By Nicole Klett
Most people have not kept up with the lofty promises they made to themselves with the mantra of New Year, New You. Why is that? Usually because when we make resolutions, we skip right to the big change but neglect to reflect on why the change is desired in the first place. Not to mention, we tend to Go Big or Go Home with our goals. Here’s how to set a goal you can keep.
First and foremost, get into the nitty gritty about why you want to make a change. If you want to lose weight, why? Is it really to fit into a bikini for the cruise that you’ve got booked in the spring? Sure, looking good in your bathing suit will feel good but what about feeling better about yourself overall?
Losing weight can help with your self esteem, your heart health and your stamina in addition to your appearance. Imagine how you will feel beyond the superficial and dive deeper into how good it will feel (and what it will look like) for you to reach your goal. Envisioning reaching a goal is a technique that Olympic athletes use. You can use a vision board, journal words and phrases or even share in a conversation with a friend.
Get really specific to stay on track with a goal. Saying “I’m going to lose weight in 2022” is not as tangible as “I’m going to go down two dress sizes, be able to run a 5k or bring my blood pressure down to normal” (all achievable through weight loss).
Being able to quantify your goal not only helps with achieving it, but also with knowing where you are along the way. Going back to the example of just saying you’re going to lose weight versus going down 2 dress sizes. When your dress fits a little looser or when you have to buy a dress 1 size down, you can see the progress.
Pick a goal that you can have some control over. If you’re interested in getting more fit, choose a goal that makes sense for you. If you don’t have the finances to join a gym, then saying you’ll be going to the gym everyday won’t work. Instead, committing to a taking a brisk walk twice a week in the park (and on rainy days, sub in a dance party in the living room instead) is something that might fit your budget and schedule better.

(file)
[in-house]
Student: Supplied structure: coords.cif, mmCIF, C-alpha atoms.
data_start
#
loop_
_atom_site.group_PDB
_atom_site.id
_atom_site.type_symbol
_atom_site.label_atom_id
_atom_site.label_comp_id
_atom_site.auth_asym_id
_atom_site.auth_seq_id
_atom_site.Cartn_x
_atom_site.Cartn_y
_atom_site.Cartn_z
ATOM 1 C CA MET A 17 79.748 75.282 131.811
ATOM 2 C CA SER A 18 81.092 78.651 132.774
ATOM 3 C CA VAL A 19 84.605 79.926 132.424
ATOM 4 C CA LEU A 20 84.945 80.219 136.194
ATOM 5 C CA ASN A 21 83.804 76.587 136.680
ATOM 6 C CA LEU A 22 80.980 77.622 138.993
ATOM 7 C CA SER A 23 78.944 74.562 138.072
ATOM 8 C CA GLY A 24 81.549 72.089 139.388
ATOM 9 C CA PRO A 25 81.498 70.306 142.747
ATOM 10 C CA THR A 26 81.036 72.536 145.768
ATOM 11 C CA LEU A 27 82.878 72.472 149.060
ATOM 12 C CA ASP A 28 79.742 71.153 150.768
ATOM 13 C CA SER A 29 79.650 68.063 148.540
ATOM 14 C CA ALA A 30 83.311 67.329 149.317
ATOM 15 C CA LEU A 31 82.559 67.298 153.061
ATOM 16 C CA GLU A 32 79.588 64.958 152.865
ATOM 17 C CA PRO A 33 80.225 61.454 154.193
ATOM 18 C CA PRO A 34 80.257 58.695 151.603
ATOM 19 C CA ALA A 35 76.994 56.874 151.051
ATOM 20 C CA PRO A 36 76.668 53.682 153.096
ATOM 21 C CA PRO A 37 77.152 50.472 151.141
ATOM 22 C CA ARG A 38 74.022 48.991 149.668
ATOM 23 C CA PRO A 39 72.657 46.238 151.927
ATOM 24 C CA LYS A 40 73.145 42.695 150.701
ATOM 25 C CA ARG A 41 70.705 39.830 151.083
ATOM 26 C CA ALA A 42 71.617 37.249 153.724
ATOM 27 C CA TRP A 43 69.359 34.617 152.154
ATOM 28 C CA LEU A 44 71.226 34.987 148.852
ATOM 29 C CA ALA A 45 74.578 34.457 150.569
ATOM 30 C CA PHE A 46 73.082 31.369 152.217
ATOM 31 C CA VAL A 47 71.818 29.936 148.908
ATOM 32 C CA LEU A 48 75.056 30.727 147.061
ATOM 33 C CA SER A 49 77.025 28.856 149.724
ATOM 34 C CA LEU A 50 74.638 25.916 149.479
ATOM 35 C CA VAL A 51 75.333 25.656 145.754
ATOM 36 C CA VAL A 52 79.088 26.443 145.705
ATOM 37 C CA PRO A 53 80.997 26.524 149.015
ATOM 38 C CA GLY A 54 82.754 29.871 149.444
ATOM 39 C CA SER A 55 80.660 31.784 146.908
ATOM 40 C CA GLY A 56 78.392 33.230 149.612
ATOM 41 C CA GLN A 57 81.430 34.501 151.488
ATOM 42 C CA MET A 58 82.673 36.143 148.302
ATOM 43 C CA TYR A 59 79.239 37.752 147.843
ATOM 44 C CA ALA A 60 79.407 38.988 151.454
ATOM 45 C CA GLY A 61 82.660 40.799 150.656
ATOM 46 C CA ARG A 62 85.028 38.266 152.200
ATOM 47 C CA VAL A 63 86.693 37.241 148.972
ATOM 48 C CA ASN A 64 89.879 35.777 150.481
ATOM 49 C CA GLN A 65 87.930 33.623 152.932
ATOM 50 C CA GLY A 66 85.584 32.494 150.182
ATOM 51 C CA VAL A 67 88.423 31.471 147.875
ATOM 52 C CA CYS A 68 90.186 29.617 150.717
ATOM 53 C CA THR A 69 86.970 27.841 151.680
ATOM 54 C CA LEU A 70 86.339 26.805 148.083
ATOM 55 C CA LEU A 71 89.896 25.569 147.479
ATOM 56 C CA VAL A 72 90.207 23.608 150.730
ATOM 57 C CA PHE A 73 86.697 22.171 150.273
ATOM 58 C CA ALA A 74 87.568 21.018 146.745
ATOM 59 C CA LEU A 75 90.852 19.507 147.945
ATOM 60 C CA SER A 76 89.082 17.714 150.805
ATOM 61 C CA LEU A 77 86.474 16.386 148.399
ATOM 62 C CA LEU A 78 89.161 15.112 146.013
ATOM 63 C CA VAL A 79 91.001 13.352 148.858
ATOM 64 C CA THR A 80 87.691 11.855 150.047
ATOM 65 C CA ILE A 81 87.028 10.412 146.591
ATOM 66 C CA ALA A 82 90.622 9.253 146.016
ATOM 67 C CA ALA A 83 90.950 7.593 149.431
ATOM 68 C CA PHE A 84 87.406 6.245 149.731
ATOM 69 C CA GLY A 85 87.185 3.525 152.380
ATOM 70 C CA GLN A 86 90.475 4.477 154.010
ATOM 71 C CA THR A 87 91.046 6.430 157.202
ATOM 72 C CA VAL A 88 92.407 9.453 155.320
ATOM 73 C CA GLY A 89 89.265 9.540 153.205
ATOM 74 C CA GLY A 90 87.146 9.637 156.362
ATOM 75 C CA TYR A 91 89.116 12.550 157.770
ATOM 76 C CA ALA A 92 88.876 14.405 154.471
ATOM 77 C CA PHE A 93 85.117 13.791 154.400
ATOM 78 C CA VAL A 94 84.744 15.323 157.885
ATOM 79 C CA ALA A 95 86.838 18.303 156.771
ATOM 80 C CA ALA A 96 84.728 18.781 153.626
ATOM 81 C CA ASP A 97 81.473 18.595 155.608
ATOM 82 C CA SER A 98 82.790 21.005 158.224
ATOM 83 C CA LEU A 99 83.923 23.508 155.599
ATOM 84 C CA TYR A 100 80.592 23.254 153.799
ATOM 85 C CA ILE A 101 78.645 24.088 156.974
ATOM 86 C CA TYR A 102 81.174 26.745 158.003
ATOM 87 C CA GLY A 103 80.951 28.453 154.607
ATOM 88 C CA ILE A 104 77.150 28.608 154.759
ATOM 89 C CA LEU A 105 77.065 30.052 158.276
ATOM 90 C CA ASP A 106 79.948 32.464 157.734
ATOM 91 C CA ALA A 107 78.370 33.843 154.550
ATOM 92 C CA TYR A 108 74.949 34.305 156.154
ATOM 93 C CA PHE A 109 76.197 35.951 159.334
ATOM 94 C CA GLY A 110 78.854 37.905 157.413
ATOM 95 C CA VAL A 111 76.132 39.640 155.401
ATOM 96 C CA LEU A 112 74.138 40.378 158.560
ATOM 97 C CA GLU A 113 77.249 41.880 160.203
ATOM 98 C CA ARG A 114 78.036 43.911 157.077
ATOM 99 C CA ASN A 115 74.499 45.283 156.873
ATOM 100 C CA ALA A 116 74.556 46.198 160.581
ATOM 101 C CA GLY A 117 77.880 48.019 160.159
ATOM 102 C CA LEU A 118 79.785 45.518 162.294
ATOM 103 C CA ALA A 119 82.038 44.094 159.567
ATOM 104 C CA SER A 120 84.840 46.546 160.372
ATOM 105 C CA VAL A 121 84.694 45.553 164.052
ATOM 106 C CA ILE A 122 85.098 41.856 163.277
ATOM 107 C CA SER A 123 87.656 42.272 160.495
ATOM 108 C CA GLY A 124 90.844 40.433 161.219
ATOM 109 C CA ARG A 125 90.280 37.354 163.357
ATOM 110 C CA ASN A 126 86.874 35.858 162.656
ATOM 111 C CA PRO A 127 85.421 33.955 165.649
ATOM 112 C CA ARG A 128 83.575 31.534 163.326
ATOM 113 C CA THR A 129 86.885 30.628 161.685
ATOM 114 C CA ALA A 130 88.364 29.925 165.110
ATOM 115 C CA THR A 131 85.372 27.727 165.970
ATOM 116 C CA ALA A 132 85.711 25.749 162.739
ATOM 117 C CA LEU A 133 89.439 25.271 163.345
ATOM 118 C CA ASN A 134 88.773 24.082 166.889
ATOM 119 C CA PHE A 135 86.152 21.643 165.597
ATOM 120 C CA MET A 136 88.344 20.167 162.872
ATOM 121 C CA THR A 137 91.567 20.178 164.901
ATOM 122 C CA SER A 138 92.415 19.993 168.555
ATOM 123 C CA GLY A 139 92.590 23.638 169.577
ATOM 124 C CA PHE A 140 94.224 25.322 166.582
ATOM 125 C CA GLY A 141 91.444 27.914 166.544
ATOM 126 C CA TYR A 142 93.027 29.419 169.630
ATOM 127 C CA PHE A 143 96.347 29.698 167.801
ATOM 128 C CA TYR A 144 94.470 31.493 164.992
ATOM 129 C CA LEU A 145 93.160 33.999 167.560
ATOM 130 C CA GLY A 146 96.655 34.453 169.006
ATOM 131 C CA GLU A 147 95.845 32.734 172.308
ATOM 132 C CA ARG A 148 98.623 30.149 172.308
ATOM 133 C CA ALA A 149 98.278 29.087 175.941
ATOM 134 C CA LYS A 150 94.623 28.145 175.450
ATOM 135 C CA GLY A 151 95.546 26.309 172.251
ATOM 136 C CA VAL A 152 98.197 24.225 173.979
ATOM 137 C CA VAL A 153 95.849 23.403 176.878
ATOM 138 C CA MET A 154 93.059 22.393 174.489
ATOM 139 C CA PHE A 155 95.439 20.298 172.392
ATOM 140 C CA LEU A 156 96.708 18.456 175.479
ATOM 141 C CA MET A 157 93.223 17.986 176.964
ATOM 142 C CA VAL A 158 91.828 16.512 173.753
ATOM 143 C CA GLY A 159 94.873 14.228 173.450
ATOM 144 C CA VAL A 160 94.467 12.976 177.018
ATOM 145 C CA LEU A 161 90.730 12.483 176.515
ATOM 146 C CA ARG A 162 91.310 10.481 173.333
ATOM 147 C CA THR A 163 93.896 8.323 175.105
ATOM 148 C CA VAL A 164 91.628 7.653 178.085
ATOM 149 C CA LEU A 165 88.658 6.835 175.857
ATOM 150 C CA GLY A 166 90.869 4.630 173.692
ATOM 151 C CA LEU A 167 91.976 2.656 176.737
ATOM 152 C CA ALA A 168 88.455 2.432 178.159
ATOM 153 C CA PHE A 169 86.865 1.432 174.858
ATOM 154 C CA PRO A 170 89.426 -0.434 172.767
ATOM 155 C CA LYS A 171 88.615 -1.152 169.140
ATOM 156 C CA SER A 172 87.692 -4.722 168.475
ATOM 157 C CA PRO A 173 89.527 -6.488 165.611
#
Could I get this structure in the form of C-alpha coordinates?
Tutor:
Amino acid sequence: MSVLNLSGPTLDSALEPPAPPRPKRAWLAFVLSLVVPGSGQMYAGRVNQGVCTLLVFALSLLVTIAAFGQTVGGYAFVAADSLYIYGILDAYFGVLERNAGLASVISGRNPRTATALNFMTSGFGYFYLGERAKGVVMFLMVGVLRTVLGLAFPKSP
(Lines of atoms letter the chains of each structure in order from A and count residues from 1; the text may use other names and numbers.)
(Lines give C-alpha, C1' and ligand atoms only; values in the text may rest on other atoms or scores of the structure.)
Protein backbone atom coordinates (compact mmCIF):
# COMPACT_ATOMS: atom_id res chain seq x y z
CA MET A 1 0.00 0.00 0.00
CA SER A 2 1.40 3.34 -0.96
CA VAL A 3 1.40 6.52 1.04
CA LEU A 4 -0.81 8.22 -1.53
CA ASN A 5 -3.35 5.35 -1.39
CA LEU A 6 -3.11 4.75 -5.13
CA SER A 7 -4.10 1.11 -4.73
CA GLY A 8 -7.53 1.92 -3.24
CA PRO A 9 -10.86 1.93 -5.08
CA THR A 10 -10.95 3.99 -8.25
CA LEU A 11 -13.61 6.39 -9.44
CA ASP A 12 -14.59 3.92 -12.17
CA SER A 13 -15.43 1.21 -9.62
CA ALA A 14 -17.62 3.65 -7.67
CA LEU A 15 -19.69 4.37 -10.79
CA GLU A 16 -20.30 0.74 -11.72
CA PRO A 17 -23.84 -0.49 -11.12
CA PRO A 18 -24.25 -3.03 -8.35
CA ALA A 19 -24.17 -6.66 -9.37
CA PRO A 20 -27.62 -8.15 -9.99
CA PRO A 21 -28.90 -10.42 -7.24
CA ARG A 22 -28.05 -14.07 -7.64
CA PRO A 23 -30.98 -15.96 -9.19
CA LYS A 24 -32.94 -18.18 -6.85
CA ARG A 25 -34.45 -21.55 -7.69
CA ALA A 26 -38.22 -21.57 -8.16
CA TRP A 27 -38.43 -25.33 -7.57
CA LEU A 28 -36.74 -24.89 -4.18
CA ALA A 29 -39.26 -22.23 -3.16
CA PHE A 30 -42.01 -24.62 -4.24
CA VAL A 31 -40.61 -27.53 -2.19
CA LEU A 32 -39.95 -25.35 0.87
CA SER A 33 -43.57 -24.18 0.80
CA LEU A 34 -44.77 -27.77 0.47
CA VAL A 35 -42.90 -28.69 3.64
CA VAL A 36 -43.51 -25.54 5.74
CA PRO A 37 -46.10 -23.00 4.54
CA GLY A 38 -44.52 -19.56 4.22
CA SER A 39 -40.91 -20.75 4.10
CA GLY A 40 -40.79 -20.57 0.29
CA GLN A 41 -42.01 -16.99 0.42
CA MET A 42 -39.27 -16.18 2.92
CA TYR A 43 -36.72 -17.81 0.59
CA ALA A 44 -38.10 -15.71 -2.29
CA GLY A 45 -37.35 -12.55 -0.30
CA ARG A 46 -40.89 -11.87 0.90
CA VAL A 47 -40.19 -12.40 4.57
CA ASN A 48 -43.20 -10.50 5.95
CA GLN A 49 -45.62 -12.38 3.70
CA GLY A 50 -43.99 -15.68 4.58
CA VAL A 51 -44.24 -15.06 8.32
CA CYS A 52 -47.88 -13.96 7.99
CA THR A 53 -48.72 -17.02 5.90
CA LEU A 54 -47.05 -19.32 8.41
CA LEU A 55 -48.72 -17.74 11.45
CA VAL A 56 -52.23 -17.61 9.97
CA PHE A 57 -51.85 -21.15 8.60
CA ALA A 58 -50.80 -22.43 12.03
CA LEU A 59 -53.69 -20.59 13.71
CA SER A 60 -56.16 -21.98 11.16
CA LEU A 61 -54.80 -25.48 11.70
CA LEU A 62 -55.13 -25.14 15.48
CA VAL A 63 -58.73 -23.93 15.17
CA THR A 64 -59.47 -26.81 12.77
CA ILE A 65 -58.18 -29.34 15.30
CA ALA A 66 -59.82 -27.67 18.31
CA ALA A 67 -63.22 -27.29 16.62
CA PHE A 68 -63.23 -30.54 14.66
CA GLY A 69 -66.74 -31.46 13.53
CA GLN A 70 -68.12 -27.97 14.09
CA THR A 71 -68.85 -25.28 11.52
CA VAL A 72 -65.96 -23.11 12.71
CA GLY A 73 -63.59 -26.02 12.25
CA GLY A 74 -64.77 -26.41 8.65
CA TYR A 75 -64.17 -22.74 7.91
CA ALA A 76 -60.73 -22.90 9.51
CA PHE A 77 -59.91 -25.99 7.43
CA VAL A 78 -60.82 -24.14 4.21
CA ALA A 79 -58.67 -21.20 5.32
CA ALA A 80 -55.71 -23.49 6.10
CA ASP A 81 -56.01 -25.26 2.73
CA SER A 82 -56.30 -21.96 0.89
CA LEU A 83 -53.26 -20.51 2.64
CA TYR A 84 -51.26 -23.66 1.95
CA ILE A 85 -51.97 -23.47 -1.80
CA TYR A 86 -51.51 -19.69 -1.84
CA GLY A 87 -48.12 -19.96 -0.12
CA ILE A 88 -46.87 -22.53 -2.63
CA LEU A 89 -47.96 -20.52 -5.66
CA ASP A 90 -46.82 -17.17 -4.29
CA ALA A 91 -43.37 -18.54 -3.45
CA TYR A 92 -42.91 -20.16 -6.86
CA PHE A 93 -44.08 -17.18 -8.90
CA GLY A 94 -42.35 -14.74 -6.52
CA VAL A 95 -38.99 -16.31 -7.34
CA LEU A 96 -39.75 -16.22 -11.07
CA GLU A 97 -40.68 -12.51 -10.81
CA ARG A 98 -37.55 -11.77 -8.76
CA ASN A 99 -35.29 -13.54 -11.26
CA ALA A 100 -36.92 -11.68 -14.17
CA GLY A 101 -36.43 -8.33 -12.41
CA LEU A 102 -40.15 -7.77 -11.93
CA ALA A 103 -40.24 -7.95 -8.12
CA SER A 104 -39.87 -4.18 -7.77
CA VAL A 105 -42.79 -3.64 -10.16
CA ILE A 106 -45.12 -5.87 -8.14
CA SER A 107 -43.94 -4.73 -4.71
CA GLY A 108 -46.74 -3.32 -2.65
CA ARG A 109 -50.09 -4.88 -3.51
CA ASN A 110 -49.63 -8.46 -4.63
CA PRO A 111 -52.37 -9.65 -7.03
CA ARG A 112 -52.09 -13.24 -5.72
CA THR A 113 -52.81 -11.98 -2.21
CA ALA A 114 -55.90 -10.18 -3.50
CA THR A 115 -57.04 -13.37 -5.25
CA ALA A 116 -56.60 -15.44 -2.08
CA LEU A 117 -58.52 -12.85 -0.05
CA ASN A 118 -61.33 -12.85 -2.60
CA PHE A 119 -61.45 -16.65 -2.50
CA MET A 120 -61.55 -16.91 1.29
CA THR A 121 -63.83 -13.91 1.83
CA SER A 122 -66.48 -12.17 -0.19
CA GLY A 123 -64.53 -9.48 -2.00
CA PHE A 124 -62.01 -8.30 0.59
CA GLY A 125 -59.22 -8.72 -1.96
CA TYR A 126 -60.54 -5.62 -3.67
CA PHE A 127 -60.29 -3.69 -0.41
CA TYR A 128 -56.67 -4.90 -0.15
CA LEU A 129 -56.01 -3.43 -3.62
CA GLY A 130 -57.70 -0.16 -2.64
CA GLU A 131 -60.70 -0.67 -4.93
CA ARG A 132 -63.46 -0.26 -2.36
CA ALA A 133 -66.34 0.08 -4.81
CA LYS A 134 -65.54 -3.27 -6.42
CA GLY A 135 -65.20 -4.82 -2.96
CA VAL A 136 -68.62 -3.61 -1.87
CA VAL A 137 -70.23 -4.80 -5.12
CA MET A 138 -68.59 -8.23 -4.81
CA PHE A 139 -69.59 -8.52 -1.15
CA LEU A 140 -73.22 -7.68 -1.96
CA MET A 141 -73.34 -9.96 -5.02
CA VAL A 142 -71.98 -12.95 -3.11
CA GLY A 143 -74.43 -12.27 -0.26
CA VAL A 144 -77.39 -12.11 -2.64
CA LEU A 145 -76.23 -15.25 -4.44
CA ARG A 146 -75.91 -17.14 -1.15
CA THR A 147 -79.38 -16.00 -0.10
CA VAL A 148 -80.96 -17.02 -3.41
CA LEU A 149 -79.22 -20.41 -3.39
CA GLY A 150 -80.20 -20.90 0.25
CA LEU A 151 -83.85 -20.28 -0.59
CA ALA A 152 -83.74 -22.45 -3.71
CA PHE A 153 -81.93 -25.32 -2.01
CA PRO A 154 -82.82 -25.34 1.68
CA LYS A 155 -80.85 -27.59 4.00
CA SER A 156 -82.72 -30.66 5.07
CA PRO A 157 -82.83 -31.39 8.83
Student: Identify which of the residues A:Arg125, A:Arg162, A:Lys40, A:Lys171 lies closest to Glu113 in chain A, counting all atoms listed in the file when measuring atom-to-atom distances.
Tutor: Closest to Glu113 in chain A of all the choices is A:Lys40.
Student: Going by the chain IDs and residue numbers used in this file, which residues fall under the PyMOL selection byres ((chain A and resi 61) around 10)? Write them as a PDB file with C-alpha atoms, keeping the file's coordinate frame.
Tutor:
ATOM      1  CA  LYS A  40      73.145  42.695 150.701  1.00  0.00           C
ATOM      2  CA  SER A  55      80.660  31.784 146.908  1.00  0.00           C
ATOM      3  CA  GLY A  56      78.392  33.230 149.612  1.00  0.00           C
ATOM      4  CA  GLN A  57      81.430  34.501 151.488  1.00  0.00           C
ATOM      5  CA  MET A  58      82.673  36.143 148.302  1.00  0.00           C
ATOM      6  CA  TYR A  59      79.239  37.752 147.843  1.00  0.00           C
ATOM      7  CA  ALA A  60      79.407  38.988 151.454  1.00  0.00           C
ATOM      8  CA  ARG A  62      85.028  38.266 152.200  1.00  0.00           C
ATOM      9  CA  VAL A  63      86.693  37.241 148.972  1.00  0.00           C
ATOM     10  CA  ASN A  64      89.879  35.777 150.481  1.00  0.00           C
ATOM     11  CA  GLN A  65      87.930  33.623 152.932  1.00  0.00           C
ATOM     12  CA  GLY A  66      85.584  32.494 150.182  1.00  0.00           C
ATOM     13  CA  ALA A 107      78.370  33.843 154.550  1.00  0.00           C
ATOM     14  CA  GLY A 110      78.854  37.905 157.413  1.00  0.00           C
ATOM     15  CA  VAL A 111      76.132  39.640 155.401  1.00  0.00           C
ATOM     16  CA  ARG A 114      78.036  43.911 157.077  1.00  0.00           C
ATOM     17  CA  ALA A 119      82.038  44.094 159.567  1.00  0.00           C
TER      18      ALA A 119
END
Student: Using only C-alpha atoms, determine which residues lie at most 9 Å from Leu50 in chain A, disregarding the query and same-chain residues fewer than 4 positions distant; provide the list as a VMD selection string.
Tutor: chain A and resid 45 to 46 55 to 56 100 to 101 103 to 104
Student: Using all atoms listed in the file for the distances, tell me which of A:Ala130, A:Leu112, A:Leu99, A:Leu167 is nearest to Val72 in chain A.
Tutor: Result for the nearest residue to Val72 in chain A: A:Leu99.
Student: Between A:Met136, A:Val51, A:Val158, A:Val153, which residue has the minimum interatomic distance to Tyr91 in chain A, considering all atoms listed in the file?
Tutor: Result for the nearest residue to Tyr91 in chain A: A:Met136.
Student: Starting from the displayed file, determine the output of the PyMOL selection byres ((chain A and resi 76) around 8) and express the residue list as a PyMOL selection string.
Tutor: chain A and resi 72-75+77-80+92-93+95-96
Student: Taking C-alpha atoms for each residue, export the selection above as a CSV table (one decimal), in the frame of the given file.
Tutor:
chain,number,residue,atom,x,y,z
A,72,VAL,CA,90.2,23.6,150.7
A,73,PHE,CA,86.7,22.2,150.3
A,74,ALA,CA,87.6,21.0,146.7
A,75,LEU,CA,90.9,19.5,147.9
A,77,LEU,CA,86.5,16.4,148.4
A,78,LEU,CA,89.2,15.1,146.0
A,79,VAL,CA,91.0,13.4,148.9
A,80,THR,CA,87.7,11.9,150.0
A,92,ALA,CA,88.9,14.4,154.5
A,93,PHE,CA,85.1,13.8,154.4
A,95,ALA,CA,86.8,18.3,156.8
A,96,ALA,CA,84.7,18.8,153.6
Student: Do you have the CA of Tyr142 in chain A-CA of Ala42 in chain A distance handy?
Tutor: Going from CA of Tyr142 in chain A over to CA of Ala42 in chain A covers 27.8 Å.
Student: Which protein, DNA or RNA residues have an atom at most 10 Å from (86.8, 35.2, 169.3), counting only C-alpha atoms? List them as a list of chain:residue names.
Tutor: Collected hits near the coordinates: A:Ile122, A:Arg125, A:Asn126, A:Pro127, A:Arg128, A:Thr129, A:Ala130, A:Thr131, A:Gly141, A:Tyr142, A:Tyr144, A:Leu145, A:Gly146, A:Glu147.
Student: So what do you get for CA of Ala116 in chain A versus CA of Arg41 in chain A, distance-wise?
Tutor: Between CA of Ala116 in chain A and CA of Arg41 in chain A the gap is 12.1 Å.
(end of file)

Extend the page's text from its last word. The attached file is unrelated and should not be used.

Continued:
This is one of the places where goals go soooo wrong. Sure the new year gives you optimism and hope but that needs to be hampered by some realism too. Start from where you are. Never been a runner before? Instead of running a marathon, start with a 5k. Never cooked before but want to change to healthier eating? Start with a few new recipes a week before throwing out all the food in the pantry and buying a fancy smoothie maker.
Maybe the most important of all in the goal department, having a deadline. But not to stress you out. Just to give incentive. Pick a sweet spot for the change to occur. Three weeks is too soon to have completely mastered a new habit. Three years maybe too long and leaves room for procrastination.
‘Three to six months is a good place to start and if you reach the goal before then, you know how to set a new one!’
The above method is a SMART goal technique that can be customised to the individual goal in mind. Your goal should look something like this: I will run a 5K by my birthday by running three times a week for about 10 minutes at a time. Then go for it and build on!
And if you don’t reach your goal or stumble along the way, don’t give up. Make sure you’re in the right headspace to be making a change in the first place. Just because a new year rolls around doesn’t mean it’s the right time for you.
Also, goals do not have to be all or nothing. Pause. Look at the progress you’ve made (even if it was just getting a goal in mind in the first place). Review what got in the way of your goal. Brainstorm how to over come it and start again!